I wanted to make the sky especially beautiful, so I studied one of my books on John Singer Sargent, hoping to learn something through mere observation and then actually infuse the sky with some Singer-inspired flavour. I really do like how this sky turned out (I moved some clouds around, making minor compositional adjustments). Do you see Singer in my sky? It doesn't matter, because the point wasn't to paint like him, but to learn from him --and I sure did (and I think it shows, because it's a little more sophisticated than my previous oil skies (including this later piece)).

Late stages of development. 

I didn't shoot earlier stages showing the brown sky or red grass underpaintings, but you can see here the dark brown underpainting of the silo and roof. The point of this was to experiment with light final colours over a dark base and I think it worked out quite well.

UPDATE: This painting is now on the cover of the summer 2011 edition of County Magazine, which has a feature on me and Krista and Small Pond Arts. On stands now!



09 June 2011

Leaning Poles

16" x 20", oil on canvas, 2011, private collection

Last year I had a watercolour painting (which I have not blogged about yet) in the local Art in the County juried exhibit which won both Honourable Mention and People's Choice awards. As a consequence of the latter award, the organizers asked me to provide a piece for this year's silent auction, so I rummaged through my photo ref that I took while driving around Prince Edward County last summer and painted the picture above. In fact, I just finished it last night and it's still wet, so we'll see if the recent heat keeps up to help it dry before the show opens on 16 June...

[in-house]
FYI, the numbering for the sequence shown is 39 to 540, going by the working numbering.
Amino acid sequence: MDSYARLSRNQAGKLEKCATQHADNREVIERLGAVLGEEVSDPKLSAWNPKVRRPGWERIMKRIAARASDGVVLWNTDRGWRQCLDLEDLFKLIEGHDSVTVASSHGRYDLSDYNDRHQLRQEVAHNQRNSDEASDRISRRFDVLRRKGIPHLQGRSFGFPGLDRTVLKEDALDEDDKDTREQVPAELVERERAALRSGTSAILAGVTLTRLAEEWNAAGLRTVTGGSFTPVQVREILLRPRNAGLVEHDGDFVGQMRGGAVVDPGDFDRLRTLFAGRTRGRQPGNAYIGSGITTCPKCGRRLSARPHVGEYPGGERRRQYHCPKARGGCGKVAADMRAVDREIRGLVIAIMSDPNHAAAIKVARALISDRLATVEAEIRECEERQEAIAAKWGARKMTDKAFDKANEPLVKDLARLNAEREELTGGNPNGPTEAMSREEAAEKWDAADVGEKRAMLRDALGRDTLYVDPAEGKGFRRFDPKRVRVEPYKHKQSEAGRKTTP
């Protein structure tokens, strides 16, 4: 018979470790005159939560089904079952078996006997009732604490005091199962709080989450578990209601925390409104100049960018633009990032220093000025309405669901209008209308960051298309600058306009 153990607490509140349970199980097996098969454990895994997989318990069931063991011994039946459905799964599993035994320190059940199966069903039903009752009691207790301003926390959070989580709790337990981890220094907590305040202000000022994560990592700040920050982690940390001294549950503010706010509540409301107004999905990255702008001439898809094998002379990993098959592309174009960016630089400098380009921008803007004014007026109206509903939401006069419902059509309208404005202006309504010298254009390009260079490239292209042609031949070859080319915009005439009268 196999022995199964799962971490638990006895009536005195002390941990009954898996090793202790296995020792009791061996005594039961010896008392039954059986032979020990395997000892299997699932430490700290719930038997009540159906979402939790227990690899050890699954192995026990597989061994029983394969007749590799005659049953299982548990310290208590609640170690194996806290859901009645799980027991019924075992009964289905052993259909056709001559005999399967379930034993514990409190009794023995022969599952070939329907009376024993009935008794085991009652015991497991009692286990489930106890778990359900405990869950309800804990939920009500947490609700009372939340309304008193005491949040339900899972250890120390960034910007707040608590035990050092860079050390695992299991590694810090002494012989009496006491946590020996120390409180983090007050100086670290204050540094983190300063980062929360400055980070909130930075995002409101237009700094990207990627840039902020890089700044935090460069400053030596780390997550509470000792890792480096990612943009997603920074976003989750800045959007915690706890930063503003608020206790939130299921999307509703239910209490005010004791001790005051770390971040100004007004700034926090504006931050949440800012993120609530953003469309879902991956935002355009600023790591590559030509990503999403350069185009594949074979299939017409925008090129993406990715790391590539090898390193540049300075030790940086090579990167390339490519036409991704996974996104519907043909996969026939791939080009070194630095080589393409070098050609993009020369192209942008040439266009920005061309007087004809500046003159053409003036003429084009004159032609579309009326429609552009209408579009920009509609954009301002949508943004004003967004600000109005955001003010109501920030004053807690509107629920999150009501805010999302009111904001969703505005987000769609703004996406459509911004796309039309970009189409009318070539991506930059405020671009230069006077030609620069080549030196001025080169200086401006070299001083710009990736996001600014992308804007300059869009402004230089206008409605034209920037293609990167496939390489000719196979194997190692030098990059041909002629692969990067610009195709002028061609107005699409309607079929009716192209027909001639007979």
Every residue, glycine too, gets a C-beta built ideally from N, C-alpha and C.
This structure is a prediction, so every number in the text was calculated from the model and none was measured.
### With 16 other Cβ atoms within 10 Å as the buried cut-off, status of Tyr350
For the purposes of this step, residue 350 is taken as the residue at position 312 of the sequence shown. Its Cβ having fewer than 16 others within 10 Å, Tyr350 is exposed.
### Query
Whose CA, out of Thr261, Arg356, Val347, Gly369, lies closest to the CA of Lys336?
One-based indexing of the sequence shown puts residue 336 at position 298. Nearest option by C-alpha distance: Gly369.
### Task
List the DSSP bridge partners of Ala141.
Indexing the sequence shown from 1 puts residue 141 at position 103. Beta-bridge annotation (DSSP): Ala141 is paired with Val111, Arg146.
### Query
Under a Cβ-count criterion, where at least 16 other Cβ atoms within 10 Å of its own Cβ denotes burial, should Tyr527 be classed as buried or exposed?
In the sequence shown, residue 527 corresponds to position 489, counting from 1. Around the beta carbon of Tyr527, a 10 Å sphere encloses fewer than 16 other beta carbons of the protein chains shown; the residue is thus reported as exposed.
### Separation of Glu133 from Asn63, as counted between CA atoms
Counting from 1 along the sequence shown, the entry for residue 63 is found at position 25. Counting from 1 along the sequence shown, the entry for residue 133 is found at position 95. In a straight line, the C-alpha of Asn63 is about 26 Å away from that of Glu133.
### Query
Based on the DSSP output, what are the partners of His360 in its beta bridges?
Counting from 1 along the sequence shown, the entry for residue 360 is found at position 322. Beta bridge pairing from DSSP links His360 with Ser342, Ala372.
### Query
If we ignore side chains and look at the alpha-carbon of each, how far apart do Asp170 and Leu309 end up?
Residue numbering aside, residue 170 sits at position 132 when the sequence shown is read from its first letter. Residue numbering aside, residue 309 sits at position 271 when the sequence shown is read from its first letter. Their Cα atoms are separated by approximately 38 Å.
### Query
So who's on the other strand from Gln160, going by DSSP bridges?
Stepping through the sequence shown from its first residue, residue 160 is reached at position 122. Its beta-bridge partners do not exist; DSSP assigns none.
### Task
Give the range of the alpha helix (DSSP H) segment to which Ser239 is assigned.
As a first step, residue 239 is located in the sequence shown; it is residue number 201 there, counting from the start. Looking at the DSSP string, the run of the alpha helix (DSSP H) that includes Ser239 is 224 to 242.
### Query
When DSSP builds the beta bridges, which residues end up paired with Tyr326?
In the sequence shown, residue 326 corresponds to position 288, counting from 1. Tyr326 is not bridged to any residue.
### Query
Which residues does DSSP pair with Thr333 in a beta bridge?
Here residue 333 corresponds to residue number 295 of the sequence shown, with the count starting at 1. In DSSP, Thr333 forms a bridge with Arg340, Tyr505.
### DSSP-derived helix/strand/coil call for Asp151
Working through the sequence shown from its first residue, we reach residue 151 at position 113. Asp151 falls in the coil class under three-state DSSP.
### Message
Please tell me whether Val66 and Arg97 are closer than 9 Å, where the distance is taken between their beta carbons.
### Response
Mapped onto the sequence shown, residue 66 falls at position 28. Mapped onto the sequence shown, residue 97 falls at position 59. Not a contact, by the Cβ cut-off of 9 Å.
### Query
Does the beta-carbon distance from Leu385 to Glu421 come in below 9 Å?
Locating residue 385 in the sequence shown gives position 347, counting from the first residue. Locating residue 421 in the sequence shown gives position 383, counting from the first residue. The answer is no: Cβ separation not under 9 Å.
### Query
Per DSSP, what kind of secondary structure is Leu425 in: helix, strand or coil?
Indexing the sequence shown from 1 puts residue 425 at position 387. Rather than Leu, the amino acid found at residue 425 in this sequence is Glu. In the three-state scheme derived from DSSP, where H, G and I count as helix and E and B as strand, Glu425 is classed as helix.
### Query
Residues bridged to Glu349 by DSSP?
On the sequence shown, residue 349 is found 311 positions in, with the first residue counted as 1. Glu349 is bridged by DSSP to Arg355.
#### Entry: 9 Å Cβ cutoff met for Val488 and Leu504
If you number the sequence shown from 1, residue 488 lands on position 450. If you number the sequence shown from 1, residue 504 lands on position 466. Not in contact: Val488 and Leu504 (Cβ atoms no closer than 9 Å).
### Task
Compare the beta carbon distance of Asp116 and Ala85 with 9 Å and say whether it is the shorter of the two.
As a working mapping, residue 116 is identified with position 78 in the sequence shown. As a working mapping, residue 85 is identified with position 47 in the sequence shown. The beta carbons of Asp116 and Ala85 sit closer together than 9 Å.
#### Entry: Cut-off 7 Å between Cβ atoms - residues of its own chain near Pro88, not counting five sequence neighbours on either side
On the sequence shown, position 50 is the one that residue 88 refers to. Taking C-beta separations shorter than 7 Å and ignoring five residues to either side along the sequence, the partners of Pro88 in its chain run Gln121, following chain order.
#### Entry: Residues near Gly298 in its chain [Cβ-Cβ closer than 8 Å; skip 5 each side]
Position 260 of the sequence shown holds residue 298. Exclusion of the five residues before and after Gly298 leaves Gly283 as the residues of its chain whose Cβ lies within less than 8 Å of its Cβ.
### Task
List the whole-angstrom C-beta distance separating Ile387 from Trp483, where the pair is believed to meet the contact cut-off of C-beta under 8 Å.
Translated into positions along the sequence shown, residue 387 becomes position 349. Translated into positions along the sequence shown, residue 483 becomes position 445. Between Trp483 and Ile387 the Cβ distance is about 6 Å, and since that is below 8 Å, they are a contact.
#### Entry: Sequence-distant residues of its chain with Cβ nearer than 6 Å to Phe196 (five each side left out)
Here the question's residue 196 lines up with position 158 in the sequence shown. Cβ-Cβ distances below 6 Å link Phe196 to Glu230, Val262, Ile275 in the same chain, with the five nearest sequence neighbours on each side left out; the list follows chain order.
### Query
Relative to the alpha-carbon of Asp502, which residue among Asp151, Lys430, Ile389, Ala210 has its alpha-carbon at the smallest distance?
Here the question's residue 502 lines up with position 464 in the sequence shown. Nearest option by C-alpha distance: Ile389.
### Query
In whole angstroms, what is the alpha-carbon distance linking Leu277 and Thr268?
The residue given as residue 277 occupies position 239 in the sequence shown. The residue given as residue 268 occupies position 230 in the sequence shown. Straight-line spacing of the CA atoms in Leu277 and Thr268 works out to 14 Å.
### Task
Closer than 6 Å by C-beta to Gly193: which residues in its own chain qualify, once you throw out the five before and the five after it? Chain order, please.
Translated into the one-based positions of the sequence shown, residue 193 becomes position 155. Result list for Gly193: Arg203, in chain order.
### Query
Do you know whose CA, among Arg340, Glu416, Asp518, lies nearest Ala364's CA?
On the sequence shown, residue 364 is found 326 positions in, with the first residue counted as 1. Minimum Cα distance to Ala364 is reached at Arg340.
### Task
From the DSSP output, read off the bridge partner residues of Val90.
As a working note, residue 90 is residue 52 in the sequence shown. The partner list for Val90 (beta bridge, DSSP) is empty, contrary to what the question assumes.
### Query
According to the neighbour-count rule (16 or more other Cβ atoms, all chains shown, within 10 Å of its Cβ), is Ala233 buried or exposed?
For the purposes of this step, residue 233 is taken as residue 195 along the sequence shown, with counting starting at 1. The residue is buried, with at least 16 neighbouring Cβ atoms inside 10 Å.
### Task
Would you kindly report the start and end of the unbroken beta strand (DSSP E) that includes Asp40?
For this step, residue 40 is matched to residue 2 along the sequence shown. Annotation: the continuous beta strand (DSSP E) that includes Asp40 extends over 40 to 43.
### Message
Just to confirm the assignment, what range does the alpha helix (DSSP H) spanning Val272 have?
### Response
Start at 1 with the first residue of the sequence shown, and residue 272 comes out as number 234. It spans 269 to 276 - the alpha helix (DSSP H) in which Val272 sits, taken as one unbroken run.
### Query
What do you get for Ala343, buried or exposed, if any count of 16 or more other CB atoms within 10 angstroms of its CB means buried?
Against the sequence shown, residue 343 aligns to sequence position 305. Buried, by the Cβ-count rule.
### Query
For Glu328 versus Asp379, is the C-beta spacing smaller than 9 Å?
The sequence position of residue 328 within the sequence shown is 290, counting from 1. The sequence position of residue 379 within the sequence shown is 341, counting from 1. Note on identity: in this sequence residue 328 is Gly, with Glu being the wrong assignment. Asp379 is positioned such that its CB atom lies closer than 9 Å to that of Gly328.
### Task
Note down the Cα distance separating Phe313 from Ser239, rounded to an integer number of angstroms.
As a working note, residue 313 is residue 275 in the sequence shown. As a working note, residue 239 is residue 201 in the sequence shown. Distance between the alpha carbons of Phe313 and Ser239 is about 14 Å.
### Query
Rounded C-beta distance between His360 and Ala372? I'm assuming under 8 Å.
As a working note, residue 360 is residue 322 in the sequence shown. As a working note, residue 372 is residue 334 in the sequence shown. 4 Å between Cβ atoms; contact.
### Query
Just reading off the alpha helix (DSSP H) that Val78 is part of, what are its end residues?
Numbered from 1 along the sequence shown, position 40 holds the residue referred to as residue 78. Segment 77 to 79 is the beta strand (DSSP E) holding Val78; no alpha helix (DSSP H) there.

Entirely coincidentally, I've submitted a larger painting (Tractor and Barn, which I finished last fall) for the AITC show proper --so if that one gets in, could it be considered...barn storming?

06 June 2011

Blizzmax 2011 Season Opener

M.C. Blizzity --to the max.


Stand by for action!

That's right: barely more than a week after my last art opening, there's another one. This one will feature a number of my watercolours on Yupo plastic and I'm joined by fellow artists Buffy Carruthers and Blizzmax co-owner Peter Mennacher. Peter and his wife, Alice, throw great openings (last year I was happy to be part of Sommerfest, which was great fun) and I'm looking forward to this one as much as I was the show at Angéline's last week.